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Richard Sudhalter: a Brief Remembrance

Richard SudhalterJazz historian Richard Sudhalter passed away last year at the age of 69, having spent the last several years of his life fighting significant health challenges. This Monday evening there will be a memorial concert in his honor at St. Peter’s Lutheran Church in New York City, with an all-star lineup of musicians and spoken tributes from jazz writers Dan Morgenstern, Terry Teachout, and others. Sudhalter left behind three important biographies and studies: Lost Chords: White Musicians and Their Contributions to Jazz, 1915-1945, Stardust Melody: the Life and Music of Hoagy Carmichael, and Bix, Man and Legend (co-author with Phil Evans). But he was also an excellent and enthusiastic musician, who could play the music as well as he could write about it. After his death eulogies from around the jazz blogosphere poured in; the ones written by his friends Terry Teachout and by Doug Ramsey at Rifftides are especially worthy of note, and give a compelling sense of Richard as a man, a scholar, and a passionate proponent of jazz.

Hoagy bioI met Richard in 2002, while I was working as a volunteer jazz programmer for WFHB, a community radio station in Bloomington, Indiana. He had come here to promote his Hoagy Carmichael biography and was gracious enough to sit with me for a 75-minute interview, which I then edited into a 3-hour program for live broadcast that evening about Hoagy’s life and music. The response that program got gave me the confidence to pursue a career as a professional jazz programmer, and I now work for WFIU, the NPR station here in Bloomington, hosting two weekly jazz programs. Richard also took the time to do a long-distance ISDN phone interview with me the following year about Bix Beiderbecke, driving far through a snowstorm-struck landscape to get to the studio. We exchanged e-mails several times about Indiana jazz (one of the numerous subjects upon which he was both expert and advocate). He was never anything less than eloquent, concise, and generous, and I was lucky to cross paths with him at that point in my life.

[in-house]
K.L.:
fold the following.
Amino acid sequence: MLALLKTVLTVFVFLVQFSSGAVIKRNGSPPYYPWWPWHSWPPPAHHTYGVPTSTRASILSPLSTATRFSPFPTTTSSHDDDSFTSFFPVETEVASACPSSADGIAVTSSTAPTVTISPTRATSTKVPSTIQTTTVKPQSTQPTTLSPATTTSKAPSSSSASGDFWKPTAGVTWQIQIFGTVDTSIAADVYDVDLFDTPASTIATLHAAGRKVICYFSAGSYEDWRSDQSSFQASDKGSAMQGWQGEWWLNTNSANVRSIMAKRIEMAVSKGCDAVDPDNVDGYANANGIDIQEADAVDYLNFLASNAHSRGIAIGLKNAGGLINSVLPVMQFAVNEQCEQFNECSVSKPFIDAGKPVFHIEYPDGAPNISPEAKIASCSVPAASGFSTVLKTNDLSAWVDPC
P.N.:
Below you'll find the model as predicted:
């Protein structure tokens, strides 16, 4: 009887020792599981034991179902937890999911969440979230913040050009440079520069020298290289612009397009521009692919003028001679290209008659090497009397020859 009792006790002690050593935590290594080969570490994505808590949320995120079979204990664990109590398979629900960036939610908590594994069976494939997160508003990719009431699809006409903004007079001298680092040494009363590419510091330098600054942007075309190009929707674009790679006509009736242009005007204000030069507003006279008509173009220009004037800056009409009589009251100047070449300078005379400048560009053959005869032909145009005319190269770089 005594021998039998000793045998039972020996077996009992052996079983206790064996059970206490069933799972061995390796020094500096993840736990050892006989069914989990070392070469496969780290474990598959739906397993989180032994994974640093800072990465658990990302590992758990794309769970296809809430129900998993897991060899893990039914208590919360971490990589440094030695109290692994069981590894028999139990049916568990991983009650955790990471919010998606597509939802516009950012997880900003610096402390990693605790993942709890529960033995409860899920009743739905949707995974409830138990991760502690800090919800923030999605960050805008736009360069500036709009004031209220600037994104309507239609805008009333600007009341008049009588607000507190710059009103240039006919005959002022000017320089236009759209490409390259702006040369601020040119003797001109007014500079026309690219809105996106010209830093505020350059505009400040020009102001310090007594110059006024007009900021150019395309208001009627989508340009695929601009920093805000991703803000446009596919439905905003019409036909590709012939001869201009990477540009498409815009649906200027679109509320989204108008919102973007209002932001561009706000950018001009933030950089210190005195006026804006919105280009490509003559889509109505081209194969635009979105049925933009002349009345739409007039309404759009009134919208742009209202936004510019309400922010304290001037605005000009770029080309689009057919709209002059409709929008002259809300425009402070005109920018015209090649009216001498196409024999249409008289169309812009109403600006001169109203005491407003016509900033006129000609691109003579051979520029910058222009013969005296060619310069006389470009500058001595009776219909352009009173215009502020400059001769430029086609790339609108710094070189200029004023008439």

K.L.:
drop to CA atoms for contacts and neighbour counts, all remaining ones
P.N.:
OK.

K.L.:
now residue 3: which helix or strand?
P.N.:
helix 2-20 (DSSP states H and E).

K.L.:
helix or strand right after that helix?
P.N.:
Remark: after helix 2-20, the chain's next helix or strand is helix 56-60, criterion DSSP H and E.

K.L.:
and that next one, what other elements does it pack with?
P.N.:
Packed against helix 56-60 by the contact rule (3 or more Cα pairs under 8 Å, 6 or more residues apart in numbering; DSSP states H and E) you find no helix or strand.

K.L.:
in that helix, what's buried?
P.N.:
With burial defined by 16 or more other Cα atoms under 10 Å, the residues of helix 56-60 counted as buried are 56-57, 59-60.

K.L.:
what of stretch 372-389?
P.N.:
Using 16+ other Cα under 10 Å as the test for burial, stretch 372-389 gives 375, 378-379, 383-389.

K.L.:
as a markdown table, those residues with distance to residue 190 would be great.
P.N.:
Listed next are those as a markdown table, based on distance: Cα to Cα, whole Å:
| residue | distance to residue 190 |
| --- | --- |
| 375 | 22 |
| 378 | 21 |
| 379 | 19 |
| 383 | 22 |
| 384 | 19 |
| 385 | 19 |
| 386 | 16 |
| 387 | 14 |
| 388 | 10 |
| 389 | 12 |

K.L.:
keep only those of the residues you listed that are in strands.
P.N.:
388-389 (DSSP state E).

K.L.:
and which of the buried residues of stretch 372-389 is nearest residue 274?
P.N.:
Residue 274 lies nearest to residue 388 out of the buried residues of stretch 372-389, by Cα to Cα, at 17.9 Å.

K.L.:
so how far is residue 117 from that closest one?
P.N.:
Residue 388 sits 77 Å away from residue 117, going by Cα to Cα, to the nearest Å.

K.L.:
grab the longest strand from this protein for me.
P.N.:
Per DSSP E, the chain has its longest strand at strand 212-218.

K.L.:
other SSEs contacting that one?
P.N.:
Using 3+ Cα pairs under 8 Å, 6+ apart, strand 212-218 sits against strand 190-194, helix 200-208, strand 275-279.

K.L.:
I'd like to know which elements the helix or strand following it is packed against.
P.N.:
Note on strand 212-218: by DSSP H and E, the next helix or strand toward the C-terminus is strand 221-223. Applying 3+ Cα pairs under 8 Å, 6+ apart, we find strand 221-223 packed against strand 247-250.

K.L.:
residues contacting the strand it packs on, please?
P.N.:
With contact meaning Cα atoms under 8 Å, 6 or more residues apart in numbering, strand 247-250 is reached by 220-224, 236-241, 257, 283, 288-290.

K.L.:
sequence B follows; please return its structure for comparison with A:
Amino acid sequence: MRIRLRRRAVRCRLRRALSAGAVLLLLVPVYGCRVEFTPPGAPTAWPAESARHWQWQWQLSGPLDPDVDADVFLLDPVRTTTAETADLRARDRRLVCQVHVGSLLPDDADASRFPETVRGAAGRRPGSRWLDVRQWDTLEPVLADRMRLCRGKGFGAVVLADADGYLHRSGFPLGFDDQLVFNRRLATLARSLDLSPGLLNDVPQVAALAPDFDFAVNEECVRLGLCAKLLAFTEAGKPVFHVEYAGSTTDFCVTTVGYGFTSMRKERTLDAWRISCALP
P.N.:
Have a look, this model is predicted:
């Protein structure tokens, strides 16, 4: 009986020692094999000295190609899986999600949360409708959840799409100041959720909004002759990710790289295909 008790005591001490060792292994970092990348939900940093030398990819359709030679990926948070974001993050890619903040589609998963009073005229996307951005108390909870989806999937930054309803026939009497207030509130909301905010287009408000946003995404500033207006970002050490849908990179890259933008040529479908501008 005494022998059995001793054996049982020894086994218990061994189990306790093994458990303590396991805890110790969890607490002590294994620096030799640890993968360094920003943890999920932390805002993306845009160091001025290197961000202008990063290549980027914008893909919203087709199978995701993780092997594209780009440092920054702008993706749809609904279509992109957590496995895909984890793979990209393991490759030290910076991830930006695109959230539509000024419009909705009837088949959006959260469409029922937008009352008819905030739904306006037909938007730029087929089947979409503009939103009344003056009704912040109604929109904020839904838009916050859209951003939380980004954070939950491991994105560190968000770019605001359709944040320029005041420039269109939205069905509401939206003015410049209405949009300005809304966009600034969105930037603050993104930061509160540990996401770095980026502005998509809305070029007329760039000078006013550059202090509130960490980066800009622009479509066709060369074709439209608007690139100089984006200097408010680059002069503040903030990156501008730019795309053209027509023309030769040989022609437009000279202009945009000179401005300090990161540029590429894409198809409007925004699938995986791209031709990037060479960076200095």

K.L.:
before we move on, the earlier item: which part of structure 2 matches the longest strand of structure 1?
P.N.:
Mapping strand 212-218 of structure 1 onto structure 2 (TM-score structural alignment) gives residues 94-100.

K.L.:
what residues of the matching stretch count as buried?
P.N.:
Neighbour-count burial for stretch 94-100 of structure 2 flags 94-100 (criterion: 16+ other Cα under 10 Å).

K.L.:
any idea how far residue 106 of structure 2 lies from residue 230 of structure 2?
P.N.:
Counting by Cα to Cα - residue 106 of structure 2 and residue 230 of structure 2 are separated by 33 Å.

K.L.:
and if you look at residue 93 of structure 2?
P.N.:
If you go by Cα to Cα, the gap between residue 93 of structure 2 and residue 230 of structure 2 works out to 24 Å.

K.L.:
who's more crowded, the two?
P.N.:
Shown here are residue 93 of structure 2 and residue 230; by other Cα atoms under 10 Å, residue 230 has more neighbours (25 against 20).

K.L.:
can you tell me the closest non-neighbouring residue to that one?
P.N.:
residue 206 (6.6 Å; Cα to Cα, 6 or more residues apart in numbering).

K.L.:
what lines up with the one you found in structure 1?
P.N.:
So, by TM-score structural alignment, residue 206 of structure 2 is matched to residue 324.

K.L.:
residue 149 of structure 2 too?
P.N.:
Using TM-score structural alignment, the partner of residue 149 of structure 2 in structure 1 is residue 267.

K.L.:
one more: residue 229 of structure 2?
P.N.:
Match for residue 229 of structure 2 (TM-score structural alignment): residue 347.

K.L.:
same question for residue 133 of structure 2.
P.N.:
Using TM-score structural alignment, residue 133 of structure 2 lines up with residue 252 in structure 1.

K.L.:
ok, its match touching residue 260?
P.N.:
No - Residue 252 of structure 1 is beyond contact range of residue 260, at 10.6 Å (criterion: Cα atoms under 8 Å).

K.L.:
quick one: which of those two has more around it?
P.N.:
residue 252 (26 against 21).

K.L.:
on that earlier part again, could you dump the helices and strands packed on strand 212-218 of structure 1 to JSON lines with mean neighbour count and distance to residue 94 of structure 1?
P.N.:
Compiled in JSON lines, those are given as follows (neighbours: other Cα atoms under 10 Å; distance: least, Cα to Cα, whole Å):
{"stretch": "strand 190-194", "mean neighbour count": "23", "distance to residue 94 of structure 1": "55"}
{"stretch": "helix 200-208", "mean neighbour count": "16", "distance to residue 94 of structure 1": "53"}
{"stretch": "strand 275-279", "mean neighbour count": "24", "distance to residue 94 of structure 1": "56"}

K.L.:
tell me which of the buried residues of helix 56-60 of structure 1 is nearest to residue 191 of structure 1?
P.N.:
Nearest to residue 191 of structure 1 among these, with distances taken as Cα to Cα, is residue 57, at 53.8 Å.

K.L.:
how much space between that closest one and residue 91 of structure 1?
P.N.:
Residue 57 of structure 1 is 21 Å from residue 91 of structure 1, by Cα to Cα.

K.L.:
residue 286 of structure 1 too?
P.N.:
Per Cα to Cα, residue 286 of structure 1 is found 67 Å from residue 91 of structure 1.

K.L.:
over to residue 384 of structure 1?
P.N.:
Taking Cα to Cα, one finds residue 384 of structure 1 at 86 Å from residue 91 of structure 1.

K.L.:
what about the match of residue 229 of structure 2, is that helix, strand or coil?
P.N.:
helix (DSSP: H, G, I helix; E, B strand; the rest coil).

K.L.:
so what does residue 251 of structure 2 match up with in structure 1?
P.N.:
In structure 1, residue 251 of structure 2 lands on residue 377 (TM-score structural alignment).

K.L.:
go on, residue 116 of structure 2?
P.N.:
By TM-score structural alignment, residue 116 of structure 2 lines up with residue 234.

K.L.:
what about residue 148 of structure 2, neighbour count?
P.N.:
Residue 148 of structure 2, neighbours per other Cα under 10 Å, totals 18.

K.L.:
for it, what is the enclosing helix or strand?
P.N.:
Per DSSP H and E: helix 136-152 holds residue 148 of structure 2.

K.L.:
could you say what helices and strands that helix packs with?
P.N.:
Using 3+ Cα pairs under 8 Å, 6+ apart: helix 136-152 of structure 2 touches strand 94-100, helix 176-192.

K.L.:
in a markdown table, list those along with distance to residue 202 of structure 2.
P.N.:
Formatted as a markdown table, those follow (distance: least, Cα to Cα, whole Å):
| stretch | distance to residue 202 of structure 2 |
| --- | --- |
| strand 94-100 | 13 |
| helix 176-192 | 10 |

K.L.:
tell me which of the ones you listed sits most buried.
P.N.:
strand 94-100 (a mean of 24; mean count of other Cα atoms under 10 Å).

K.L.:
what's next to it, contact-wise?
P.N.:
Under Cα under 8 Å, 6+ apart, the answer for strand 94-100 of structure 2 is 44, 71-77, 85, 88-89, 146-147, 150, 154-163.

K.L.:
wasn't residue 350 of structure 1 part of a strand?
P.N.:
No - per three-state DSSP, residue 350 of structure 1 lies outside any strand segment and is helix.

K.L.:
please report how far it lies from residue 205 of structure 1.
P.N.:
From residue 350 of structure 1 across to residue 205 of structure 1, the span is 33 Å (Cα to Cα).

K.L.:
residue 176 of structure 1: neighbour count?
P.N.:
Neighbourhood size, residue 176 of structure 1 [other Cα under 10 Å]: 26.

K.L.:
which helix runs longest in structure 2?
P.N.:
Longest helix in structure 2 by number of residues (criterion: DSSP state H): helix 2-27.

Sudhalter 2I had hoped to talk with Richard again about further Indiana-jazz-related topics, but after learning via the Bix Beiderbecke and other jazz boards that he was battling grave health problems, I sent a contribution to his medical fund, and I included a note thanking him for the interviews he’d done with me. Not long after that I received a thoughtful and poignant reply from him–far more than my modest donation merited. I had not even expected to hear back from him, given the rigor of his afflictions, and yet he wrote with fondness of our interview chats about Bix and Hoagy. He alluded, with no trace of self-pity, to his sense of days quickly dwindling, and to how much he’d enjoyed the life he’d had. I remember sitting at my desk reading the letter, feeling slightly astonished, as I was merely a middling-young Indiana jazz DJ who’d talked with him at length only several times. I recount this not out of vanity, certainly not to exaggerate the significance of his fleeting acquaintance with me, but simply in hopes of connoting the way in which he could touch the life of anybody who loved some of the things that he loved. I feel as if I owe him so much.

You can hear Richard in Tom Roznowski’s WFIU Hoagy Carmichael special, as well as the WFIU show that I did on Bix Beiderbecke. NPR’s Piano Jazz also recently re-aired a 2000 program in which Sudhalter and Marian McPartland paid tribute to Beiderbecke. Later this week I’ll post the review that I wrote of his Carmichael biography in 2002. Thanks again, Mr. Sudhalter.

  • Bill Forbes

    Interesting and moving post, David.

  • Richard Salvucci

    Same story. I sent a modest (really modest) contribution to the fund because I couldn’t get to a benefit in NYC. A delightful note from Sudhalter followed. Check out his transcription of Bobby Hackett’s famous solo on “Embraceable You” in his book Lost Chords. You’ll be happy you did, especially if you’re a trumpet player.

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